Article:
Tuesday, 24 July 2012

We opened for Pearl Jam (Day 21)



                That morning, the Argyles snuck out of the motel and made our way to the local Safeway for breakfast. There wasn’t much driving to do that day, but we wanted to get there at a decent hour. Where we were headed? The backfields of Eastern Sasktachewan to a place called Round Lake. It would be best described as cottage country. Greg had relatives living there and had lined up a cabin to stay in. He had also gotten us a gig at a bar in Crocked Lake, their rival community which was a twenty minute drive away. It was a Saturday night and the only bar in town.
Dining on cereal in the parking lot
                After ripping our way through poorly maintained country roads, we made it to yet another isolated part of the world. We met Greg’s relatives who then cooked us a lovely dinner of burgers and beer. But I was disappointed: I had perfected my “oh yeahs” only to discover that people don’t speak that way in Saskatchewan. They seemed to enjoy the company of rockstars. We told them the most uncensored tales from the tour, but they roared the hardest at GD and Martin being unable to drive.

GD financing the final leg of the tour

                Upon arriving at the bar, I was greeted by a large boisterous man in a green shirt. “So, you guys opened for Pearl Jam right?” Caught off guard, all I could do was lie. He continued to assert this fact throughout the set, mostly through yelling.  There were some people in the bar, but not as many as expected. Were there so many better things to do in this sleepy town? But we started our set anyways, performing mostly for Greg’s extended family. After an hour and a half, we took a break and decided to call it a night.

Old wounds were soon forgotten

                Half way through packing up, people started to arrive.  They were upset that we had already played our set and wanted us to play again. They even started getting belligerent, blocking our way to the door, glaring at us, and continuing to yell. I had never been subjected to such collective hostility. The cause: the man in the green shirt, whose named we would later discover to be Tomahawk, posted on facebook that we had opened for Pearl Jam, a lie which this group of local youths believed. But Greg was exhausted from his two sets and three hours of playing yesterday; it was no dice.
 
They like to drink alcohol
                But in a moment of good judegment, we decided to stay at the bar. After nip of van-whisky to calm our nerves, we headed into the jungle. There were open seats next to Tomahawk so we decided to take them. Although there were others seated with us, no one could match the quantity and volume of his speech. We got our first pitcher and poured ourselves glasses. “Bottoms up,” Tomahawk commanded, and we had little choice but to comply.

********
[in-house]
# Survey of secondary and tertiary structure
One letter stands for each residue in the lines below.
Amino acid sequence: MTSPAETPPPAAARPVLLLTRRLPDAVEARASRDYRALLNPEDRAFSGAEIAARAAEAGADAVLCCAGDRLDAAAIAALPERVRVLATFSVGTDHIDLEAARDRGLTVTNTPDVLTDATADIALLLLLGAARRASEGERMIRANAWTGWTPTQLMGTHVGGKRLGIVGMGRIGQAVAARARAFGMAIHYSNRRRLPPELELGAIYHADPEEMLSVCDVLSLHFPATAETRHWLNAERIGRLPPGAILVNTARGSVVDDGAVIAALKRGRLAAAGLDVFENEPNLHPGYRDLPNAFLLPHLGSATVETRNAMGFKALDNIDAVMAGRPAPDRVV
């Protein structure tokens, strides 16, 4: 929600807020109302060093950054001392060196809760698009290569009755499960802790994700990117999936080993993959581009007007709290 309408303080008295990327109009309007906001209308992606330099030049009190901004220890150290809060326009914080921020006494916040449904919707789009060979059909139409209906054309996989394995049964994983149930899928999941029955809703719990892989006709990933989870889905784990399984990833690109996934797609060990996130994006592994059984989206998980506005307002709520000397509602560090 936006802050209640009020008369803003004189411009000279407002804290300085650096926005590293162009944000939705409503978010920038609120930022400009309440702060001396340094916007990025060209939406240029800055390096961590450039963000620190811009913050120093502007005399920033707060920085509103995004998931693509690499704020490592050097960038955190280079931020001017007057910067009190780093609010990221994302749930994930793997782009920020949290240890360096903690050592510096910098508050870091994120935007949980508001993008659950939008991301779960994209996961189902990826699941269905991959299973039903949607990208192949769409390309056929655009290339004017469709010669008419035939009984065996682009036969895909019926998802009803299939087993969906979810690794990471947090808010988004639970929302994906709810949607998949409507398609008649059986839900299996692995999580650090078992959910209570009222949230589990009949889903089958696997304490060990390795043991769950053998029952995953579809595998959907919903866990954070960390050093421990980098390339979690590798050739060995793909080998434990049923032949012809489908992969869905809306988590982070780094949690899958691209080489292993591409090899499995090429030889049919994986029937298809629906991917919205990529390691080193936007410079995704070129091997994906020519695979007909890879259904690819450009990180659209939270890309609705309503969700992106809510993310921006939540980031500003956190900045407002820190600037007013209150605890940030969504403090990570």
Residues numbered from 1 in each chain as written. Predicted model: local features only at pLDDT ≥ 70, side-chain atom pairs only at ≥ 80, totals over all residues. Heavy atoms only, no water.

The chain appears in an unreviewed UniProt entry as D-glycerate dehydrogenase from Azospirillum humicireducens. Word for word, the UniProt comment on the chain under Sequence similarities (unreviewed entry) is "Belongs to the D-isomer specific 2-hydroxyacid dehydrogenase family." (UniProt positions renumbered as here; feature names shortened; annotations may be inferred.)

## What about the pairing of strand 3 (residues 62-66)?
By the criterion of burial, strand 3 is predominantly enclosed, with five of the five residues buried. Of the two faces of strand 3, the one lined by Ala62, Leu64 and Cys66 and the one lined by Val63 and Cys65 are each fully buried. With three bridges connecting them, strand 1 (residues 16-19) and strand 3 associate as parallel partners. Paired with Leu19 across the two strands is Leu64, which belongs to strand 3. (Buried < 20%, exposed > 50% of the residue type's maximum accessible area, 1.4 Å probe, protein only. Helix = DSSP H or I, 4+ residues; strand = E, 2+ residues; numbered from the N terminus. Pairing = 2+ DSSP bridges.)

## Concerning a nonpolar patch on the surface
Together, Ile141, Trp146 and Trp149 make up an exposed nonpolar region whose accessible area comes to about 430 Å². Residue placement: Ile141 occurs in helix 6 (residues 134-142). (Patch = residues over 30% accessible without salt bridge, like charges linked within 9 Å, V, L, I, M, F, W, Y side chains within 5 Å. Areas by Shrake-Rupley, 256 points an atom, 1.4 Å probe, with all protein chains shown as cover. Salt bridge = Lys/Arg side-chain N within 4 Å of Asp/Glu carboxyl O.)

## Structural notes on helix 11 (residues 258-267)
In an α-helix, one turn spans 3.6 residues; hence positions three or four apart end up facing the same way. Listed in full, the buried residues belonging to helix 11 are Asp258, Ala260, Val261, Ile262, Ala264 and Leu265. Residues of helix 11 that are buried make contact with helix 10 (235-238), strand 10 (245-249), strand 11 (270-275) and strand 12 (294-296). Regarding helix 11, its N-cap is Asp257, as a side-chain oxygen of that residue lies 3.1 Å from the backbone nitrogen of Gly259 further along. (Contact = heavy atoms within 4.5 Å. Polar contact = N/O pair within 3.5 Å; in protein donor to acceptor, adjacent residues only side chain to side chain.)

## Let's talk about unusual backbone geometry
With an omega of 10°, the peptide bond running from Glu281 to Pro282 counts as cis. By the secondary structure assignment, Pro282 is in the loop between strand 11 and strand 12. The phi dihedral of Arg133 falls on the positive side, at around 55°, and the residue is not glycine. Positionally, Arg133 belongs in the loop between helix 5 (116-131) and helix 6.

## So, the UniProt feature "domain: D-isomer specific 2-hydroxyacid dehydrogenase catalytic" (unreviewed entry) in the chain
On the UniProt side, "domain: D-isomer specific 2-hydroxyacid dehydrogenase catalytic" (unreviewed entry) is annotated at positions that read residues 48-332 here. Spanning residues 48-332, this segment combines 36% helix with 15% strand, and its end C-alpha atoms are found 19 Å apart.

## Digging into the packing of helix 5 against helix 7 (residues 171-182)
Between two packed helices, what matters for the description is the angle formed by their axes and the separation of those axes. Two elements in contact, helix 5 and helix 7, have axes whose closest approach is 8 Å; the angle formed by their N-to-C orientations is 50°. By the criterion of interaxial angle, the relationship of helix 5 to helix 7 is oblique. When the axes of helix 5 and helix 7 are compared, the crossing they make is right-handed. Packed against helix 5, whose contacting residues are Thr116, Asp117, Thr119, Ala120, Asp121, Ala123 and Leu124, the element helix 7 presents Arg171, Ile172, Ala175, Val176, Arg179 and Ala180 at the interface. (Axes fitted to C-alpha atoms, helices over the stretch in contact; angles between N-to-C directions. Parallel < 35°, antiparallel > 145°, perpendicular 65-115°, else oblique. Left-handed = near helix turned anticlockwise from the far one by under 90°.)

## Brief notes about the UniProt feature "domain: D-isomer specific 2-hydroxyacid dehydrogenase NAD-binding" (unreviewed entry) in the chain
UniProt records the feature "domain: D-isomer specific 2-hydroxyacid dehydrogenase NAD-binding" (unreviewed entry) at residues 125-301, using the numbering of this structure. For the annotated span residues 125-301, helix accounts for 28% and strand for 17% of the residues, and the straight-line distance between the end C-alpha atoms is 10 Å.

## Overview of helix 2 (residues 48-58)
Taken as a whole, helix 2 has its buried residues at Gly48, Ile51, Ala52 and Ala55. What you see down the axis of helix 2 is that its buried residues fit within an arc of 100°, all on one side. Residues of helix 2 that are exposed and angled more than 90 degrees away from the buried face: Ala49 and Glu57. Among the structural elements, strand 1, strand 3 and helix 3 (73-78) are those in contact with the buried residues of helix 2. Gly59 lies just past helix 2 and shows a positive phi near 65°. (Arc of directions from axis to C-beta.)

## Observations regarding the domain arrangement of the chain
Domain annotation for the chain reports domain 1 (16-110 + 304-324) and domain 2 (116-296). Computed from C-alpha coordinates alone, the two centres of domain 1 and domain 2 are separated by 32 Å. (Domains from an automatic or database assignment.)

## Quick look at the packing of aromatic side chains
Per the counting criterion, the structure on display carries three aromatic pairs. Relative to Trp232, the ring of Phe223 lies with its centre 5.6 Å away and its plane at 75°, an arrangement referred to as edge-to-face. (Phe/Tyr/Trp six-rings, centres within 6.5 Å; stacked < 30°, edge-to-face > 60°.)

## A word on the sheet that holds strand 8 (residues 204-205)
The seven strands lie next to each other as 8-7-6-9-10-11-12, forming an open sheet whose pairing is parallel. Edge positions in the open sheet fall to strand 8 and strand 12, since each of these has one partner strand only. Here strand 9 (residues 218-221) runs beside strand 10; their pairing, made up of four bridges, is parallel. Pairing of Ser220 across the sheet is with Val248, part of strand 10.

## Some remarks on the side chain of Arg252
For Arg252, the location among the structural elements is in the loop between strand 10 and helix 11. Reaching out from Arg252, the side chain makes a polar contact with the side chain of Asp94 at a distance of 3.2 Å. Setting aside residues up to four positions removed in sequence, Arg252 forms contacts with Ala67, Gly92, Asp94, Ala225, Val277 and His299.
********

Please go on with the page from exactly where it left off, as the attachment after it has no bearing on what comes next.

The evening progressed in a similar fashion. Tomahawk went outside and returned to show us a video of himself puking. Then one ill-tempered member of their group ordered 20 jagerbombs and handed them out to us. Once again, we complied.  Then Tomahawk decided it was time to move the party back to his house. His friend purchased 72 beers from the bar to fuel the next stage of the evening. We then piled 10 into the van and ventured out into the unknown.

Tomahawk made the van look small


Martin trying to get everyone to sing along to Robots
                2 minutes later, we arrived at Tomahawk’s pad, or rather his mothers. It was a nice house. Indeed, Tomahawk repeated that his mom was a millionaire, owing to her position as a manager of several banks at a nearby reserve. Whenever he mentioned this, he beamed with pride about her success. We sat downstairs in his basement, waiting for the rest of the party to come downstairs. Tomahawk gave beers to each of us; then, he pulled out the guitar. We were going to have to sing for our supper. But Greg was up to the task and began what would be the soundtrack to the entire evening.
                   
As Greg serenaded the party, Tomahawk continued to shove beers into our hands. The night progressed as expected: Martin spent 5 minutes trying to get everyone to sing along to Robots; Tomahawk challenged Martin and I to go; we complied; two locals nearly threw down over a girl. Then day broke. With much of the party retired, we decided to head on our way. After some bear hugs from Tomahawk, we drove off into the distance.

We took the hockey helmet with us
Matt, stone cold sober, had to do a lot of DDing that night
               We pulled into the driveway at our cabin. We got out of the van; a look of panic came across Greg’s face: He had left the keys at Crooked Lake, at least that was his suspicion. Matt, the driver, was less than impressed. But we had little other choice. We left GD on the porch in the fetal position and loaded into the van for the twenty minute drive to Crooked Lake. Matt even drove 100 down the bumpy country roads.  Upon arriving back at the house, Greg dashed into the backyard. He returned thirty seconds later looking like he had just completed a triathlon. The keys were in his hands. Victorious, the Argyles cracked some road rockets and enjoyed a pleasant ride back as day broke.
Greg finding the keys. It was light out.
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